Meyer’s future at Ohio State likely depends on whether Shelley Meyer told her husband about her text exchange with Courtney Smith in 2015 and whether he lied when he told the Big Ten media he knew nothing about the alleged abuse.
If the group of school trustees, former US attorneys and politicians that Ohio State put together to investigate Urban Meyer believes he knew something in 2015 about possible abuse inflicted by Zach Smith and did nothing about it, no national titles or mythical stature will save him. He would likely be fired.
Additional reporting by AFP
The NBA said was re-evaluating its training program in China following allegations of abuse of young players by local staff and harassment of foreign staffers at a facility in Xinjiang. The comments come after a report by ESPN that quoted unnamed American coaches as saying that Chinese coaches hit young players. One American coach who worked at a camp in Xinjiang complained of harassment by local police, the sports network said. “The allegations in the ESPN article are disturbing,” NBA deputy commissioner Mark Tatum said in an e-mail statement on Thursday. “We ended our involvement with the basketball academy in Xinjiang in June
Taiwan Steel on Sunday grabbed three points with a narrow 1-0 win against Hang Yuan FC, to move into the No. 2 spot on the Taiwan Football Premier League (TFPL) log, while Taipower FC beat NTUS 2-0 to maintain first place. Taking advantage early in the match of opposition defenders who had not yet settled down, Taiwan Steel’s attacking trio of Wu Chun-ching, Marc Fenelus from the Turks and Caicos Islands, and Benchy Astama from Haiti pushed forward with good passes. After only one minute of play, Fenelus dribbled from the right flank, feeding a short pass inside the penalty area to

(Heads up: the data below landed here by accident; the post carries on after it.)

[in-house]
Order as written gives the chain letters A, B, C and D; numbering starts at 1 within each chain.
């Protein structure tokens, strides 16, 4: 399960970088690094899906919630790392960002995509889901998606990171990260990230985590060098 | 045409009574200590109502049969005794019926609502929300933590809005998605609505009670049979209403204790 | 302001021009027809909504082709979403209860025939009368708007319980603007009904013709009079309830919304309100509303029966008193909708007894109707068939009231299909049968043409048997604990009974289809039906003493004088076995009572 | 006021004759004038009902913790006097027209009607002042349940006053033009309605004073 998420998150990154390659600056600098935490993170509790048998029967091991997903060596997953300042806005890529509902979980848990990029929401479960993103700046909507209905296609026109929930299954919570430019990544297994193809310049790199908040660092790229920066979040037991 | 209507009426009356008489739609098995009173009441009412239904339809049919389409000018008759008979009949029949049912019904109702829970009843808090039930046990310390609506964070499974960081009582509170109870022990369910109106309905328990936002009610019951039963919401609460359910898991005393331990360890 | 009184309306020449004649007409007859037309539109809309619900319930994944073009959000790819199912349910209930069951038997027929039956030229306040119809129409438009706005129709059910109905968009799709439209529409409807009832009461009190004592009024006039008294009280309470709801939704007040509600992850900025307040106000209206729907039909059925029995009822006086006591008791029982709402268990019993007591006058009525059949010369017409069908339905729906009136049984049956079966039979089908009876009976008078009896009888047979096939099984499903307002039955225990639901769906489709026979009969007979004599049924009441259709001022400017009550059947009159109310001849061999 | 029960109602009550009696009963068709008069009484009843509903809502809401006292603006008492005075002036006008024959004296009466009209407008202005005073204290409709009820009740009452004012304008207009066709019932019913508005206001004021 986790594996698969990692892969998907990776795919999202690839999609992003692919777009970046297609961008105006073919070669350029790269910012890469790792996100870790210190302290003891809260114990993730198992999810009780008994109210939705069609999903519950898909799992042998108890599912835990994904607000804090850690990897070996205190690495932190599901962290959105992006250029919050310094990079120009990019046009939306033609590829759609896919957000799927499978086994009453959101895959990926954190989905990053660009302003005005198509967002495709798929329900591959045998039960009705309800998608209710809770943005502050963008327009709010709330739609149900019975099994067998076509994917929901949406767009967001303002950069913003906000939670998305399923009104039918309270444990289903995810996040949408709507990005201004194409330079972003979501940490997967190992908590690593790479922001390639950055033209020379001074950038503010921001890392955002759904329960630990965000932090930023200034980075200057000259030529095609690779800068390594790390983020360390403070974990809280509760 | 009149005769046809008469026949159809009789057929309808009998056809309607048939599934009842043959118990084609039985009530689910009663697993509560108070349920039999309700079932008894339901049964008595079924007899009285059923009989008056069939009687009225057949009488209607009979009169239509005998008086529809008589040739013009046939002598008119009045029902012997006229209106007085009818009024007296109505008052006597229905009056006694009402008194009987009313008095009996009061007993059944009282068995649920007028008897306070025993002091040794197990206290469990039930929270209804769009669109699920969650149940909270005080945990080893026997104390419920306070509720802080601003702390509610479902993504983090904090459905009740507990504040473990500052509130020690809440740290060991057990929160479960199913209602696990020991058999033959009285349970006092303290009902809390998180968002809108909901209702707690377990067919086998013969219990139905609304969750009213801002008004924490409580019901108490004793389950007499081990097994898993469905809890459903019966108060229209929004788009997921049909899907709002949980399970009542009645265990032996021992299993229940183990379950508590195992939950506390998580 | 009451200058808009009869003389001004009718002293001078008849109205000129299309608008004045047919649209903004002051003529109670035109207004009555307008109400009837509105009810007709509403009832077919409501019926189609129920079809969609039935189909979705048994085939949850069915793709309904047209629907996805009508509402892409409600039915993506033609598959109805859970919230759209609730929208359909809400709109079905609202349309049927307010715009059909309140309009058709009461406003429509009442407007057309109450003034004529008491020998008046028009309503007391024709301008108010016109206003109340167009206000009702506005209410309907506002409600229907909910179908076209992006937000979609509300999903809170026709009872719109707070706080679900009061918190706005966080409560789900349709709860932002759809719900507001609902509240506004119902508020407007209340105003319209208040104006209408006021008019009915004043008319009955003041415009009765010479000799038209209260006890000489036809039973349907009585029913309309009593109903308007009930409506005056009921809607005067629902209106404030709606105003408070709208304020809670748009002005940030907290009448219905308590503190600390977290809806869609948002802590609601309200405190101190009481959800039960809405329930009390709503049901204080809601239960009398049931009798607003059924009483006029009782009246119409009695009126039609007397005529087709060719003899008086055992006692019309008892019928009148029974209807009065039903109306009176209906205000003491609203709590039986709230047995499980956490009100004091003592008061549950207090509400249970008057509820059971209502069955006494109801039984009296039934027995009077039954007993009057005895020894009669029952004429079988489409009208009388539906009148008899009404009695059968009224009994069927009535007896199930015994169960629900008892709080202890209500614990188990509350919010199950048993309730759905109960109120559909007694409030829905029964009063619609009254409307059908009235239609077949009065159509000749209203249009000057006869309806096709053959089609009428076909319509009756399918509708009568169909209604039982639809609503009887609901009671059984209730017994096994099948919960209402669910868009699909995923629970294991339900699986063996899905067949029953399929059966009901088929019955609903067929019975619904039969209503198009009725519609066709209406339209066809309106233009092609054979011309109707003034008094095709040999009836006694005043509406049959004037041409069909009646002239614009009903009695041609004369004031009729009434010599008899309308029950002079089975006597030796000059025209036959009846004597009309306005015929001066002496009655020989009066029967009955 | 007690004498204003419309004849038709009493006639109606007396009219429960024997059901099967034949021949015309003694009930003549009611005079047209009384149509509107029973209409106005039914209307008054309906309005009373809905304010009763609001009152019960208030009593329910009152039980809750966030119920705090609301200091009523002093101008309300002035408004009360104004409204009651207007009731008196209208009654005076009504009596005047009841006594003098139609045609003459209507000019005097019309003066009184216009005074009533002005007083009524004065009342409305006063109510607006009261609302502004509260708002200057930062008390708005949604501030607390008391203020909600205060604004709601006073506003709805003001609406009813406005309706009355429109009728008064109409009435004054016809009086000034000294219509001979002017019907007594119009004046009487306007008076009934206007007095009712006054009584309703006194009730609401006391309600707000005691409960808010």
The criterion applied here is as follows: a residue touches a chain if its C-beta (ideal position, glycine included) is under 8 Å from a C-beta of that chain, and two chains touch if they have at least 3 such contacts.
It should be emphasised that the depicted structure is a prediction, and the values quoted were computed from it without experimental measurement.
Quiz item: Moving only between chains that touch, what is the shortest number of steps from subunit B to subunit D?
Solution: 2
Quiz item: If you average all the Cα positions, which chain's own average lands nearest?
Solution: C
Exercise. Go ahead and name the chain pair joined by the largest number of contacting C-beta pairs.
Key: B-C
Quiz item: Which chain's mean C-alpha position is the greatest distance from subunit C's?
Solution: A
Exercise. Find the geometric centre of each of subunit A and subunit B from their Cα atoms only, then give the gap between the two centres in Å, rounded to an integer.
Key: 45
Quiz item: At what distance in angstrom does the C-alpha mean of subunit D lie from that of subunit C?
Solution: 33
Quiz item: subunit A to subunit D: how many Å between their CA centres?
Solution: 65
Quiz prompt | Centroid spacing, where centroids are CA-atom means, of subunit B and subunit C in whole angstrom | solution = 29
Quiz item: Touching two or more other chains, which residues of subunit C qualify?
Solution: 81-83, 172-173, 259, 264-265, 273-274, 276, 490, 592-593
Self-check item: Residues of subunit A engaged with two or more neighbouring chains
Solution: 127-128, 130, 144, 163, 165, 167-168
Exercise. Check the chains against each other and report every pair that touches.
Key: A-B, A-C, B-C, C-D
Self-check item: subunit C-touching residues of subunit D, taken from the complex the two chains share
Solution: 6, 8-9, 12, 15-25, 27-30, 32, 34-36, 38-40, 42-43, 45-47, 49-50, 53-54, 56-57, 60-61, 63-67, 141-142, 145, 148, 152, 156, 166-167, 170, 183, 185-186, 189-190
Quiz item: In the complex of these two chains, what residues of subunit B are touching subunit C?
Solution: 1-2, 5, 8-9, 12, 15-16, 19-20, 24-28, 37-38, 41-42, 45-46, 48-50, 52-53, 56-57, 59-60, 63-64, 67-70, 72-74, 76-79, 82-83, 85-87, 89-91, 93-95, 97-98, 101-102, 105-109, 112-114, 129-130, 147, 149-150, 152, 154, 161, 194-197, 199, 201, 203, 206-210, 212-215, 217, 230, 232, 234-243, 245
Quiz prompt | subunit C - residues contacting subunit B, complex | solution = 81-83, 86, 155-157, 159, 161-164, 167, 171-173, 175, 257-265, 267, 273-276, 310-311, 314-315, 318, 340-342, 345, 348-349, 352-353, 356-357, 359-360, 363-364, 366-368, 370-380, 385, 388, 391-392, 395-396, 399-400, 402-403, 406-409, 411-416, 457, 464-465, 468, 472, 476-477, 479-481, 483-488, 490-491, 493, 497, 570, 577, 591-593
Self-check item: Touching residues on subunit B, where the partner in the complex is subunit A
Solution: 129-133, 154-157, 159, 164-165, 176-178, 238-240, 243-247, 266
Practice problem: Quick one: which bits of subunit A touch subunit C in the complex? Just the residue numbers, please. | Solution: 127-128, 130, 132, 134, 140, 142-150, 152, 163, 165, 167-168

LEAVING IT LATE: Rakuten added late runs last night to add to wins on Wednesday against the Brothers and the Lions on Friday that went down to the last batter The Rakuten Monkeys rallied to post three late runs for another close win, prevailing 5-3 over the Uni-President Lions yesterday as Taiwan’s second-half CPBL season got started with lower scoring output, but exciting finishes. It was Rakuten’s third win in a row. In two games this week, they seized victory in dramatic fashion with their last at-bat and have drawn level with the CTBC Brothers on top of the table after yesterday’s results, 0.5 games in front of the Fubon Guardians and 1.5 games ahead of the Lions. It was tied at 1-1 early, with Rakuten hosting the Lions at the Taoyuan Intenational
STAYING COOL: Hamilton said that his ‘heart nearly stopped’ when he noticed the puncture, but he kept going to beat Alain Prost’s total of six home wins in France Lewis Hamilton said he feared he might not make it home when a last lap puncture almost derailed his charge to a record seventh British Grand Prix victory on Sunday. “I didn’t think I would make it round the last two corners,” the world champion said. The front left tire of his Mercedes had delaminated and deflated on his final lap, leaving the six-time world champion to nurse his vehicle to the finish as second-placed Max Verstappen hunted him down. “I just can’t believe it,” Hamilton said. “It was heart-stopping. I backed off and stayed chilled and was so glad it happened on